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PARIS — Like a scene from the horror classic "Night of the Living Dead," clusters of somber, pale-skinned wraiths, their eyes ablaze, latch onto people arriving at this week's spring '95 fashion shows. "Please, mad ame," pleads one of the young groupies, "do you have an extra ticket?"

Few of the journalists and buyers here do. Invitations to one of the 75-plus shows, which started Monday and continue through next Tuesday, are painstakingly allocated and slipped mysteriously under hotel room doors each day--to prevent them from falling into the wrong hands.

Still, ticket-hungry hipsters managed to crash Monday's Dries Van Noten show at the Hotel George V and Tuesday evening's presentation of the Ann Demeulemeester collection at the Ecole de Beaux Arts. All for the chance to see slightly demented, impeccably tailored clothes that graze the knee and look so ladylike that models must rue the day they got tattoos. (Nose and navel rings have vanished.)

"Highly groomed" is how Karl Lagerfeld describes the trend. "Femininity, glamour, never really went anywhere," he said, fanning himself backstage at Le Carrousel du Louvre after the unveiling of his pretty-girl collection for Chloe. "It just changes its form. It evolves."

So, deconstructionist Demeulemeester does a speed-metal version of Jil Sander. Junko Shimada reinvents the sun dress, with a '60s spin to mercifully stamp out last year's granny gown. Van Noten sends out his version of Audrey Hepburn, Doris Day and Joan Crawford in muted pastels.

And, as always, the audience wears black.

In a setting where your daily paper--the International Herald Tribune--comes "Compliments from Giorgio Armani" and speculation over whether Madonna will model at the Jean Paul Gaultier show on Friday dominates conversation, some things never change. And when change does happen, at least on the runway, it is immediately digested by journalists with laptop computers and tiny video playback monitors and served up as trends, such as:

Most Criminal Styles Perpetrated on Models by Designers: Neck corsets, courtesy of Rifat Ozbek; toplessness for toplessness' sake at Ann Demeulemeester (is there such a thing as collective embarrassment?); the transformation of the now-red-haired Kristen McMenamy from Angular Enigma to a high-fashion version of Nurse Ratched in Claude Montana's white shirtwaist dress, white stockings, white Famolare-style platforms. Colonic irrigation, anyone?

Soundtrack Selections: The fashion world's current fascination with disco has apparently stopped at the Italian border. Instead, designers such as Karl Lagerfeld envision their customers bouncing along to Archie Bell & the Drells' "Tighten Up." ("We not only sing, but we dance just as good as we walk.") Claude Montana choreographed his glamorous show at a theater-in-the-round near the Bastille to "The Marriage of Figaro," prompting photographers to warble "Figaro, Figaro, Fi-ga-ro!" at the top of their lungs.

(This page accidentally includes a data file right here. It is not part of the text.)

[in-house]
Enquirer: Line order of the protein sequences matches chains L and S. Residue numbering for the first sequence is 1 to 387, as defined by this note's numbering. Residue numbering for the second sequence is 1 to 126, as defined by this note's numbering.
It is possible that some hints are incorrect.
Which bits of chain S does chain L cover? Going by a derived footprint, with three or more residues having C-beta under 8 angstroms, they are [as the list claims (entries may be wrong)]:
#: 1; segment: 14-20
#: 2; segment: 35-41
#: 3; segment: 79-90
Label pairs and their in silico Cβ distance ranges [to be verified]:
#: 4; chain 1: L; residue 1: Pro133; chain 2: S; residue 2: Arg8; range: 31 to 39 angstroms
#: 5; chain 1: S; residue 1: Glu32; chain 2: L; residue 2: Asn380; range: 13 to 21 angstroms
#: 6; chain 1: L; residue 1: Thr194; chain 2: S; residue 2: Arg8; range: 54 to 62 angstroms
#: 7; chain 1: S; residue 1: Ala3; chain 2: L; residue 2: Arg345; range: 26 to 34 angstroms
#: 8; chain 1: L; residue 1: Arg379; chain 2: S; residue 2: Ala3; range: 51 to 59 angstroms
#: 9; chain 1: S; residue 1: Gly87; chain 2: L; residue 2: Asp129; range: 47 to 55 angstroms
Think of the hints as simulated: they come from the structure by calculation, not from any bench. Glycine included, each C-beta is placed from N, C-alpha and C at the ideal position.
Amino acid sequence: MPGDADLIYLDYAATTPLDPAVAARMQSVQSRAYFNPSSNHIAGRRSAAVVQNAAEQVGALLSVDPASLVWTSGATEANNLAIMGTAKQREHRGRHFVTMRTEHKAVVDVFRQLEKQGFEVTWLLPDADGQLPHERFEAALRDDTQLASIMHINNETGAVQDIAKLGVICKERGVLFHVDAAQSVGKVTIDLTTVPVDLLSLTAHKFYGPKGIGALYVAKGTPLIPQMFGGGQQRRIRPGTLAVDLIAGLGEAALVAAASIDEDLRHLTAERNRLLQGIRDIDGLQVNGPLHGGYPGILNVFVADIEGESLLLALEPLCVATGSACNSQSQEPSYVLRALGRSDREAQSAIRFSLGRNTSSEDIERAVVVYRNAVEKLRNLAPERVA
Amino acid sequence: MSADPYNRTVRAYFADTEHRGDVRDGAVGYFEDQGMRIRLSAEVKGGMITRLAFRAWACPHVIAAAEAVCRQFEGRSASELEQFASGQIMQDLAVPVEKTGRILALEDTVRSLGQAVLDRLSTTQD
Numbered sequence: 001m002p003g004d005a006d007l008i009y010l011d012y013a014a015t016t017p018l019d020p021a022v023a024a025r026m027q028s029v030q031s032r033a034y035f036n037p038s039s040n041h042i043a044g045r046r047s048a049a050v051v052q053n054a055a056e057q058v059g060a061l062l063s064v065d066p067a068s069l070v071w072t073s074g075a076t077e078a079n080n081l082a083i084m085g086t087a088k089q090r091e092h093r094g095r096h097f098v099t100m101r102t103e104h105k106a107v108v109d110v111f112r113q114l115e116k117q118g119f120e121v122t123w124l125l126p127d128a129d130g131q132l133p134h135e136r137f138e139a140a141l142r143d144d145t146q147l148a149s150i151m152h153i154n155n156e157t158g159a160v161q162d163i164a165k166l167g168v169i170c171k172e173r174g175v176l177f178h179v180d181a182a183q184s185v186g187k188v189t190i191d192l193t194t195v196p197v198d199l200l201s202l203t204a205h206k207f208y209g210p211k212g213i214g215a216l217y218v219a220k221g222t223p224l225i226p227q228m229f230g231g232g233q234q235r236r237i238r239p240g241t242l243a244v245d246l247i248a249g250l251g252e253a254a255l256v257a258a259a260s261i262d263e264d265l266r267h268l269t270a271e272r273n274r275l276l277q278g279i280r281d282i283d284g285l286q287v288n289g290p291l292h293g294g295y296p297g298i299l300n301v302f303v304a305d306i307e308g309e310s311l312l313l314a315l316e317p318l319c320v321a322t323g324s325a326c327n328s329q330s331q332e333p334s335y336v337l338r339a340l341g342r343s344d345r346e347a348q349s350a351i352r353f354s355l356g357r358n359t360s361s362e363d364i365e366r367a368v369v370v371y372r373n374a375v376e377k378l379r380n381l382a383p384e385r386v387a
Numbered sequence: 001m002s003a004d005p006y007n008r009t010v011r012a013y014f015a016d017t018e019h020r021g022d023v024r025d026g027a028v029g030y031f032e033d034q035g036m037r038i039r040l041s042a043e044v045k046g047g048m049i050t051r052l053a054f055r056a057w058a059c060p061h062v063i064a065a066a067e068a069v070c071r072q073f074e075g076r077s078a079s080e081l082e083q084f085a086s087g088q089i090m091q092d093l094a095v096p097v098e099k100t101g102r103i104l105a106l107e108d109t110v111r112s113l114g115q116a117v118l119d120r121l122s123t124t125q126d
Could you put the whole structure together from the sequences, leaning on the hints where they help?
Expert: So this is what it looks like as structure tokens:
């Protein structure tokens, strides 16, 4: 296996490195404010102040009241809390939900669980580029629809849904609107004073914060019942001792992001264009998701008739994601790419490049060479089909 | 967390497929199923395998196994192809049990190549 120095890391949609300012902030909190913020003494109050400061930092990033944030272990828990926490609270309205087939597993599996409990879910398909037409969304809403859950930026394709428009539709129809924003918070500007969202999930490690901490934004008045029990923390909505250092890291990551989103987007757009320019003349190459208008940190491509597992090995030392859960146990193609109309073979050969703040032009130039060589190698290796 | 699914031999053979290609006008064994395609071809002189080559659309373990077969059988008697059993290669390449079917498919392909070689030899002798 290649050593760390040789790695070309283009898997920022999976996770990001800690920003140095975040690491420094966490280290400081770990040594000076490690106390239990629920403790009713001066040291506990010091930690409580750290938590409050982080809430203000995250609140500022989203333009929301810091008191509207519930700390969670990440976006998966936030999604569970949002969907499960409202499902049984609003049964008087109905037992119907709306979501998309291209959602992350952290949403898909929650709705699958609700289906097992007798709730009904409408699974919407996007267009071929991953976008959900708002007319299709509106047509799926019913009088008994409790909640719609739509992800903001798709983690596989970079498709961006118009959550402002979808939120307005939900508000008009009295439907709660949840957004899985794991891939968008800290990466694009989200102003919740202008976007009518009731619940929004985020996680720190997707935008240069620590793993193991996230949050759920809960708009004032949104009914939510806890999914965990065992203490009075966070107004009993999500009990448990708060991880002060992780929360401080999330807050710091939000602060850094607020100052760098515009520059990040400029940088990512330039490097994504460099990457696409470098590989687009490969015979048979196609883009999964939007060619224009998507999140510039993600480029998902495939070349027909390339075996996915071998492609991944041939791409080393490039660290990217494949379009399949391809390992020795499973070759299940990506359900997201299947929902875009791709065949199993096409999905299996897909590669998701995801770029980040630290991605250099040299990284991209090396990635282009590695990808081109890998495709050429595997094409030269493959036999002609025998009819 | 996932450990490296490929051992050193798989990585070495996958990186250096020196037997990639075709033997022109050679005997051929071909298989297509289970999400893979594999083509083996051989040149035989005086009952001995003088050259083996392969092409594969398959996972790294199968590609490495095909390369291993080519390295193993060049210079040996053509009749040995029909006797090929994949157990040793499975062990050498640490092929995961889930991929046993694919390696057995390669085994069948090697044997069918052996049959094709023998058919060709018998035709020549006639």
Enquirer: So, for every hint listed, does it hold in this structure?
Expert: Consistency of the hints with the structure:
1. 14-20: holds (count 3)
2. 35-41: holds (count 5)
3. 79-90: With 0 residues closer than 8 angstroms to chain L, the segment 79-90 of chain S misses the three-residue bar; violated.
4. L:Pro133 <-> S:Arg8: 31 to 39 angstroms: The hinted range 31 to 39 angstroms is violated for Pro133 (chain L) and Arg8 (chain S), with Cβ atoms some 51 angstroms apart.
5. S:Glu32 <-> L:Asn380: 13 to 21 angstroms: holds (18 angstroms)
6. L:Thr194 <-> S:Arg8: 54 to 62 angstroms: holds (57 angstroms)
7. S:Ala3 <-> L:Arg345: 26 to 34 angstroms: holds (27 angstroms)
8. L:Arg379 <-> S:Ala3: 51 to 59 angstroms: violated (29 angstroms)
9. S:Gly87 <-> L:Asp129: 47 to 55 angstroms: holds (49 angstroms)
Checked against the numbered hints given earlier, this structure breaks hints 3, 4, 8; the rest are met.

Moment in the Sun: Nadja Auermann has been burning a hole in the runway with her intensity, not to mention her stiletto heels--from which her little toe keeps popping out. "Nadja! Nadja!" the photographers yell. She amiably returned their attention with one supervixen pose after another. Bridget Hall's chest-thrusting walk and pouty mouth have been greeted with appreciative groans and wolf whistles, reminders that the photographers are mostly straight and that the best clothes (wearable, discreet, untheatrical) go unphotographed.

Most Thought-Provoking Accessories: Bracelets-cum-flotation devices at Claude Montana; licorice-whip ties hanging from nearly every piece in the Rifat Ozbek collection; a navy-and-white polka-dot scarp that obscured the head of a model at Dior.

Freshest Clothes: Junko Shimada, a name unfamiliar to most Americans, showed a line of alternately spare and witty dresses that come the closest so far to what women in Los Angeles like to wear when it's hot.

No, Really: Except in the collections of such fashion purists as Yohji Yamamoto and Ann Demeulemeester, shoulder pads are creeping back into jackets, blouses, dresses and jump suits. Rifat Ozbek made them obvious, in neon orange or covered with sequins. Did they ever disappear from Claude Montana's line? Anyway, the padding seems to balance the longer skirts, and it either looks very '80s a la Montana or very '40s. Of course, some women never gave them up.

Celebrity Sightings: Last season, the Paris shows were packed with celebrities, thanks to the filming of Robert Altman's forthcoming fashion satire, "Pret-a-Porter." But so far, the only star to stop by has been Sophia Loren, front-row center at Gianfranco Ferre's line for Christian Dior. This season, the designers and their clothes have to generate their own star power and there's a distinct sense among fashion veterans here that Altman would be welcome back--soon.

* Next: The collections of Vivienne Westwood, Jean Paul Gaultier, Yves Saint Laurent and Chanel.

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